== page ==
Sensirion finally announces its IPO. The spin-off from ETH Zurich was founded in 1998 and many were expecting such an event from a very succesful but quite discrete company. Sensirion has disclosed some numbers and I had followed the development of the company thanks to some data from the Zurich register of commerce. So as usual here is my guess of the capitalization table. And I look forward to compare it with the data from the IPO prospectus when it will be published…


Felix Mayer and Moritz Lechner, co-founders of Sensirion

Again this is guessing only. As you might see, the early funding rounds are unknown to me. I am not sure about how many shares the founders, main investor and employees have adn I am not sure either at which price the company will be priced. I based my numbers on about twice the company sales in 2017… The company claims Knoch has 55% of the company, the founders 14% and employees 8.5%. It does not look to far…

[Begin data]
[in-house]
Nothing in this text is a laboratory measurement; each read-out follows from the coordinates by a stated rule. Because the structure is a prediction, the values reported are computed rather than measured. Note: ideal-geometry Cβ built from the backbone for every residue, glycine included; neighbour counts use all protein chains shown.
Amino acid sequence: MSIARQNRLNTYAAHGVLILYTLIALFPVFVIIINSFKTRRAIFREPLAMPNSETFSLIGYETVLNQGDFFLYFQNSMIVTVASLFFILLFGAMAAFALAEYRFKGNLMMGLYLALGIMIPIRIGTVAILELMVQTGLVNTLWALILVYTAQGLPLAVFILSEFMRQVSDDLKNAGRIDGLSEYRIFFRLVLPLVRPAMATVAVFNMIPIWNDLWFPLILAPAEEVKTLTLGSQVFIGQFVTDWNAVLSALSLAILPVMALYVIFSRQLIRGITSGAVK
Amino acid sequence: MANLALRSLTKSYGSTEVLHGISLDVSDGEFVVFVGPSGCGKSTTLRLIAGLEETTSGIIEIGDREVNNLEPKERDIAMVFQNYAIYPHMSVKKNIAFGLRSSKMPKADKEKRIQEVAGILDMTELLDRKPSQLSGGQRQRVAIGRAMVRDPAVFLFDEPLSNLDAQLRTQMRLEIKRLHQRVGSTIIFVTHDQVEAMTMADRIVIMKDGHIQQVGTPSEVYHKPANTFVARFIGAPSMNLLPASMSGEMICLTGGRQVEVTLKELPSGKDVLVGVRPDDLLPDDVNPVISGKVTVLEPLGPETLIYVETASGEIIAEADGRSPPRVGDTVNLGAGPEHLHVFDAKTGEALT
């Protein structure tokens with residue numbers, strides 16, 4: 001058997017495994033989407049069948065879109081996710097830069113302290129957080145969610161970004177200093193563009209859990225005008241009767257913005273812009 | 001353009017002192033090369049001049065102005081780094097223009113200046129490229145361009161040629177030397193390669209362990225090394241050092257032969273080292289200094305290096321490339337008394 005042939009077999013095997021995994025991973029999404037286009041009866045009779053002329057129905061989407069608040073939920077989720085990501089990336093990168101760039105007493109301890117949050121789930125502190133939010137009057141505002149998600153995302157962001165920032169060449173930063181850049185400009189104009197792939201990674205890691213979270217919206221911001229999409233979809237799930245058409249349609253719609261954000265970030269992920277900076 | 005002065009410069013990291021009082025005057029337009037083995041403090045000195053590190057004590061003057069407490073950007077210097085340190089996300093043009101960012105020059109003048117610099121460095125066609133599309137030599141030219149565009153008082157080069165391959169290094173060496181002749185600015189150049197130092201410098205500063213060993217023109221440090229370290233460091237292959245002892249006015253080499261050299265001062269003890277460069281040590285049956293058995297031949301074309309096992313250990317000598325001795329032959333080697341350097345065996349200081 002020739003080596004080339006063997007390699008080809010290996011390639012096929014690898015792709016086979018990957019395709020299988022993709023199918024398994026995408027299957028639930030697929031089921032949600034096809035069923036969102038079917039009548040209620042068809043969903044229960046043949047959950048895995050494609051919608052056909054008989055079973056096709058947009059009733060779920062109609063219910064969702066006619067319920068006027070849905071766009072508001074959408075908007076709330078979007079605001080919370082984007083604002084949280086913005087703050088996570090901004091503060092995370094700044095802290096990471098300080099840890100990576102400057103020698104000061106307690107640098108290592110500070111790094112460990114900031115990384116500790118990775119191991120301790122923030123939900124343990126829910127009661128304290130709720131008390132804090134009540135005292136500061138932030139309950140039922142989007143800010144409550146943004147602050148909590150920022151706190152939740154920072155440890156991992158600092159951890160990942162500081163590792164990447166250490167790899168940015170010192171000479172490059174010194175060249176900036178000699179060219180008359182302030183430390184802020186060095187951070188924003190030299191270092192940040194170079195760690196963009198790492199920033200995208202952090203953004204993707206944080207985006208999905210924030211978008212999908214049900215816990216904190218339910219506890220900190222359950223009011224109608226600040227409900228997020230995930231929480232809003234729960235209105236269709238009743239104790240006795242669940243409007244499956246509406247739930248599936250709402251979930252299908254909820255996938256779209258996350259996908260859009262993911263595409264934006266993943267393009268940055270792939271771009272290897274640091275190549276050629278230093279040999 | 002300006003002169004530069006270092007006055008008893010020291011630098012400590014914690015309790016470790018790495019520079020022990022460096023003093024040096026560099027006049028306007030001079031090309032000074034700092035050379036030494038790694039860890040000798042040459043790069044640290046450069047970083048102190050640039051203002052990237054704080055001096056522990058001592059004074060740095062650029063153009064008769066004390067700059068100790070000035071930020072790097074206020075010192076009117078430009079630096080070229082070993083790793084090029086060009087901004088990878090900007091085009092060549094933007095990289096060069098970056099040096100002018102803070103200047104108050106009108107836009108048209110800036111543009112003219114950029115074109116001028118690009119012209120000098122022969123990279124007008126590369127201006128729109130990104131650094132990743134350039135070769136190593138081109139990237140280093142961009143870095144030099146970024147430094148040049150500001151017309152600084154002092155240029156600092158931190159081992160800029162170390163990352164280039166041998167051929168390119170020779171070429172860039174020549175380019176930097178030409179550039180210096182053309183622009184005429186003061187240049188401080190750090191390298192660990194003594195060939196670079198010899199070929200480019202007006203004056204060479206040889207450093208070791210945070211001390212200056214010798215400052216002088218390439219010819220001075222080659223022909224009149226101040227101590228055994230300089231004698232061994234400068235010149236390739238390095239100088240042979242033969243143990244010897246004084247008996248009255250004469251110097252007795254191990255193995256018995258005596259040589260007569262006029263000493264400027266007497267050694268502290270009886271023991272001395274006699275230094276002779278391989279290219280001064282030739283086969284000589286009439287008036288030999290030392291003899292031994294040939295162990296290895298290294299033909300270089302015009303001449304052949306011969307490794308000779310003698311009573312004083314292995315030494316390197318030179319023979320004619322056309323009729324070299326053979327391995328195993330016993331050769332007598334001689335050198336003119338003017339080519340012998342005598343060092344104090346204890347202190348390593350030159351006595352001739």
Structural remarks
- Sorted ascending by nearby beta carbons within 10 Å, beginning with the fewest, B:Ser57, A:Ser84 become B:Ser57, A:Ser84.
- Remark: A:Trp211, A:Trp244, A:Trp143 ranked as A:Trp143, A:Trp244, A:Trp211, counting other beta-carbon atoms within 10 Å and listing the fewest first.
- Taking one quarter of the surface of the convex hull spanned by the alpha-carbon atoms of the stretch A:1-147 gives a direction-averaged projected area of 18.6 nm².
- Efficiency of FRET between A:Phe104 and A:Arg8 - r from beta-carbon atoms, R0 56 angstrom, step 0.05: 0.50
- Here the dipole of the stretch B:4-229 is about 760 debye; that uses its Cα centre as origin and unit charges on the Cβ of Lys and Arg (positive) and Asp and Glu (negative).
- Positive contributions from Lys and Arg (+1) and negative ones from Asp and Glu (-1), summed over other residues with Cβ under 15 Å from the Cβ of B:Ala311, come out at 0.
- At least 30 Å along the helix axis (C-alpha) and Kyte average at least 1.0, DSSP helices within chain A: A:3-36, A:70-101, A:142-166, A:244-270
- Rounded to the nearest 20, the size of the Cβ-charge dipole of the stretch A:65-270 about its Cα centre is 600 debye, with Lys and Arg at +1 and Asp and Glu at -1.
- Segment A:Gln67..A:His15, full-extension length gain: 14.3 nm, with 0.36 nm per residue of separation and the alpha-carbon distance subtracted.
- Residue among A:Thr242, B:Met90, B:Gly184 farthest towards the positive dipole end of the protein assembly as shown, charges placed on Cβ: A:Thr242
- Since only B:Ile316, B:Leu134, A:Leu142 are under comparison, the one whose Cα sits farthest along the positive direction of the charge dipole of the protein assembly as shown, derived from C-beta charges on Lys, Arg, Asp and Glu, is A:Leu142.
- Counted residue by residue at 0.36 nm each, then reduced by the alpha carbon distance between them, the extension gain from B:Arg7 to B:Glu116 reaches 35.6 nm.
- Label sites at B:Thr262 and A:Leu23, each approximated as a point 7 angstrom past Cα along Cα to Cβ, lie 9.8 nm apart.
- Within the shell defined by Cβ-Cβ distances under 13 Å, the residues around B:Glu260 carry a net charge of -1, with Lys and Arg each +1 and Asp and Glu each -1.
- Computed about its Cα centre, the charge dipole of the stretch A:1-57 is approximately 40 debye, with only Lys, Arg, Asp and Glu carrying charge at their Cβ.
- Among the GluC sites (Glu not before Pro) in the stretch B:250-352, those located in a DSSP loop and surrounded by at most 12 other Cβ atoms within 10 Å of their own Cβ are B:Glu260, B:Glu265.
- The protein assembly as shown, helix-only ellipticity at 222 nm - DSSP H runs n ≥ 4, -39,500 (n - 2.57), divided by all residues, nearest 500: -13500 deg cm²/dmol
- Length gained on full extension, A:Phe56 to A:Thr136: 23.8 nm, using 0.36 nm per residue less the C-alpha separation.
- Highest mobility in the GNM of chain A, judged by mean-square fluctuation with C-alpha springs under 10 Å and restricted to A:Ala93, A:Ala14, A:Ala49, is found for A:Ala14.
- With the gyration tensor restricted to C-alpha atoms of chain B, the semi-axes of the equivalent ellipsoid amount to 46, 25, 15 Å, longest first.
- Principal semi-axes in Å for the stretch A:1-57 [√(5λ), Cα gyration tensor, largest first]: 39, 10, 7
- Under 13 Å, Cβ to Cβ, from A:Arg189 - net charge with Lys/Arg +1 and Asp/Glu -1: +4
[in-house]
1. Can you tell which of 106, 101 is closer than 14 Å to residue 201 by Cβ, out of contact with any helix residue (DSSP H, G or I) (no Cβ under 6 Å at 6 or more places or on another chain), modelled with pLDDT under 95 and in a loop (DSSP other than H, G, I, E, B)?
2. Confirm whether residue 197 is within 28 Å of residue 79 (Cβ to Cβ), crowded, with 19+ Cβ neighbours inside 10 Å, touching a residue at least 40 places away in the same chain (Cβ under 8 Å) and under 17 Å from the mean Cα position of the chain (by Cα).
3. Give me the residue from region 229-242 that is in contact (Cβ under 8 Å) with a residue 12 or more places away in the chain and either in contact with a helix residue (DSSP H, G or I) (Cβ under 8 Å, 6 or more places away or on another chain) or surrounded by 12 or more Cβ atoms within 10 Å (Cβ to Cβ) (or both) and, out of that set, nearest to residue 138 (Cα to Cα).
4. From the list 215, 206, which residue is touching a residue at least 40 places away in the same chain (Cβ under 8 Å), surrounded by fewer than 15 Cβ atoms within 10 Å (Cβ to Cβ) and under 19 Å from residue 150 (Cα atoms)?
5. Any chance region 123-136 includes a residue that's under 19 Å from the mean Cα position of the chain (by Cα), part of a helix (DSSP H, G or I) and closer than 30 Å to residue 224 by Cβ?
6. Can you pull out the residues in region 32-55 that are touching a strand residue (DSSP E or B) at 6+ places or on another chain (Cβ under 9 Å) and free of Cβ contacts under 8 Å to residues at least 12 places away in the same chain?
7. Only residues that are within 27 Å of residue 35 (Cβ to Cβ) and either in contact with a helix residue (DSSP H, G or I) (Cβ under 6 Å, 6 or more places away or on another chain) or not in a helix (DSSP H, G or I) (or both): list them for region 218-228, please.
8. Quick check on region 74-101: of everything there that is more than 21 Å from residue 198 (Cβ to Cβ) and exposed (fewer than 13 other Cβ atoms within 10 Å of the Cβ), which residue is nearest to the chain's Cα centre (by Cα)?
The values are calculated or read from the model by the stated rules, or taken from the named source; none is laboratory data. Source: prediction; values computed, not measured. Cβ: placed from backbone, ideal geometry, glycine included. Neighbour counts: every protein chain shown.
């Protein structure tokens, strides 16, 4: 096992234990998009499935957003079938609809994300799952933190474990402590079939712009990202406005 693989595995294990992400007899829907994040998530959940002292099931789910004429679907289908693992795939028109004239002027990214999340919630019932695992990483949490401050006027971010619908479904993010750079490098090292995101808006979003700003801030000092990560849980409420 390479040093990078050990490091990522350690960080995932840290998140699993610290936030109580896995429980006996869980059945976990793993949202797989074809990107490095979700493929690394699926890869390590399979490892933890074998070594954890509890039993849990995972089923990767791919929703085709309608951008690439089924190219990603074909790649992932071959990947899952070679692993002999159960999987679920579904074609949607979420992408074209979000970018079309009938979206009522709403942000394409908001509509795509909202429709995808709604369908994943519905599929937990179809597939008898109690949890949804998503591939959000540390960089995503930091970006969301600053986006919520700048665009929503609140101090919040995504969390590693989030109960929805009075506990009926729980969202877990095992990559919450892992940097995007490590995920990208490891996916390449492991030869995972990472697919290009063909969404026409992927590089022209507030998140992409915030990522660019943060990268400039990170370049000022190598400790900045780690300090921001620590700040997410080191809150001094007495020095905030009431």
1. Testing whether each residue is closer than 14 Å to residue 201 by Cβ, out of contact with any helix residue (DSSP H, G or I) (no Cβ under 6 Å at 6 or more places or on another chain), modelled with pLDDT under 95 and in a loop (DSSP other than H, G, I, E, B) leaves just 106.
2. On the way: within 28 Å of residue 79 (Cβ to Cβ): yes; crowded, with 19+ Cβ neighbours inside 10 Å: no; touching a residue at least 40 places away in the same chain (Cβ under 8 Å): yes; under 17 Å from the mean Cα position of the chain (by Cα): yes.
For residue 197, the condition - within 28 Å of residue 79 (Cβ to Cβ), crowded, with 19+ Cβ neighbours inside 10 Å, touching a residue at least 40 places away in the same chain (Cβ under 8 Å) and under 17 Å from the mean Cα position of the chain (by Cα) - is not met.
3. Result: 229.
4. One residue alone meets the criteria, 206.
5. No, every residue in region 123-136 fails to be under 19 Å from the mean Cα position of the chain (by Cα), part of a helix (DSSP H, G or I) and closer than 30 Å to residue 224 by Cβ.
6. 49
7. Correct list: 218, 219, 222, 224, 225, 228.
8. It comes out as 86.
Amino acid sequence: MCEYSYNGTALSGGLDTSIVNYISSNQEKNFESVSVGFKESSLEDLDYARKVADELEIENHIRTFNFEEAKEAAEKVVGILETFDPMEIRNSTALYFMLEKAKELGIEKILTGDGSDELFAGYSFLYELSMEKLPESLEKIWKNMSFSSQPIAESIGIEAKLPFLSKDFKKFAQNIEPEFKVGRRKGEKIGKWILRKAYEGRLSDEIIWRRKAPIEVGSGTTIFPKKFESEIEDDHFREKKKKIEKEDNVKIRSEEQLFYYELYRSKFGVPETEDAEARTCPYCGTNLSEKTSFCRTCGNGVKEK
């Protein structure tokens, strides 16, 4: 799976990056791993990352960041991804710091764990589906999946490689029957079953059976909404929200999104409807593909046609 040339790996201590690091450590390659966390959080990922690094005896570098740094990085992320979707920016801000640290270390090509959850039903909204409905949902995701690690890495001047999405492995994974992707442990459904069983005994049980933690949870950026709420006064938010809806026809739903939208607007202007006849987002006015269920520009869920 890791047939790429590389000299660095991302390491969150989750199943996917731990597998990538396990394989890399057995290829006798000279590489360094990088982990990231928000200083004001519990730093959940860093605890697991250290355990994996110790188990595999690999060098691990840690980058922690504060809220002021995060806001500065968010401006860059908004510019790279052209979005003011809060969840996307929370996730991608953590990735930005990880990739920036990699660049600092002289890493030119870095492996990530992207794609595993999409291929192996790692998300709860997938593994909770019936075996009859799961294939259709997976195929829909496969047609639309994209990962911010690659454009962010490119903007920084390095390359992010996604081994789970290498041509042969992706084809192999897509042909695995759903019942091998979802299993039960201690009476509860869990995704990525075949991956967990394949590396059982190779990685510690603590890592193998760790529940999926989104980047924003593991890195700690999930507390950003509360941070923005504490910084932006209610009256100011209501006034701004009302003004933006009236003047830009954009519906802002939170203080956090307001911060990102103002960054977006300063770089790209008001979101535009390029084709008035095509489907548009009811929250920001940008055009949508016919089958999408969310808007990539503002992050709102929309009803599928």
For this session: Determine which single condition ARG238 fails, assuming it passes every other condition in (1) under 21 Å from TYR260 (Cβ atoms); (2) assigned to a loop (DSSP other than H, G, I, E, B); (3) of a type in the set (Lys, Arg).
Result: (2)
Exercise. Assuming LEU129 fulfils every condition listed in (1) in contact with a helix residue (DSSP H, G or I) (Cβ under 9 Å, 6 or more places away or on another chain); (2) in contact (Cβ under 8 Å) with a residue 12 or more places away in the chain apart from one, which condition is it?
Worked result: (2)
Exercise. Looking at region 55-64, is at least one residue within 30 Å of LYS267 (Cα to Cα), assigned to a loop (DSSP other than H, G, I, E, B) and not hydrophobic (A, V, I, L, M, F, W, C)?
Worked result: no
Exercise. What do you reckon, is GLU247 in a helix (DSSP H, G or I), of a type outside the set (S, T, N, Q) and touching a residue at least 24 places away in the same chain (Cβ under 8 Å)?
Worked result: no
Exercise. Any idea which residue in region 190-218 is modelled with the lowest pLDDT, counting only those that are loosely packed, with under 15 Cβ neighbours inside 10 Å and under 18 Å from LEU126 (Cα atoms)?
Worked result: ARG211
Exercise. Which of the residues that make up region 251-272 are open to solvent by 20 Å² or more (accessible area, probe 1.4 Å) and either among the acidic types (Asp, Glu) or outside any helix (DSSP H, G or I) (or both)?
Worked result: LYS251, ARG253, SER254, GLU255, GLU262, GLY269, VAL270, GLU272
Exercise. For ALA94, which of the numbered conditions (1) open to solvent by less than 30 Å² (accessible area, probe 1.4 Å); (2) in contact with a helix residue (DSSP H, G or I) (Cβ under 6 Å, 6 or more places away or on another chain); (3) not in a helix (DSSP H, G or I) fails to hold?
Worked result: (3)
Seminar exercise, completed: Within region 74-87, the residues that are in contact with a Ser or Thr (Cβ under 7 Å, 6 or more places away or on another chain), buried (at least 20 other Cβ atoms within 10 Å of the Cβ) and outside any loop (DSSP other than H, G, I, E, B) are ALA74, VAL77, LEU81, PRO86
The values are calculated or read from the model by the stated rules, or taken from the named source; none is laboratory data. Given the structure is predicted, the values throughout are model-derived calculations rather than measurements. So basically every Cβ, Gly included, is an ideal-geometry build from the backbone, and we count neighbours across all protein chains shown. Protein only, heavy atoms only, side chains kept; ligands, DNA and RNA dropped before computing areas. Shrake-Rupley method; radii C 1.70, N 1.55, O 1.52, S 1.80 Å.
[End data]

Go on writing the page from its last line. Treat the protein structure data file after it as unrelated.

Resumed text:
The Sensirion IPO prospectus is not public and is confidential so I cannot publish more than I have here. I can only write I was not too far from the truth despite some discrepancy…

And Now Spotify

A few days after Dropbox filing for an IPO, here is Spotify. Their F-1 can be found here. The data from the filing document is not exhaustive enough for me, many pas financing rounds are not described but the Luxembourg register of commerce helps too.


Spotify founders Martin Lorentzon and Daniel Ek

Just like for Dropbox, this is a filing only, so the price per share is tentative and the valuation is not fixed yet. The price per share could probably go from €20 to €100…

Rewarding Talent – A guide to stock options for European entrepreneurs by Index Ventures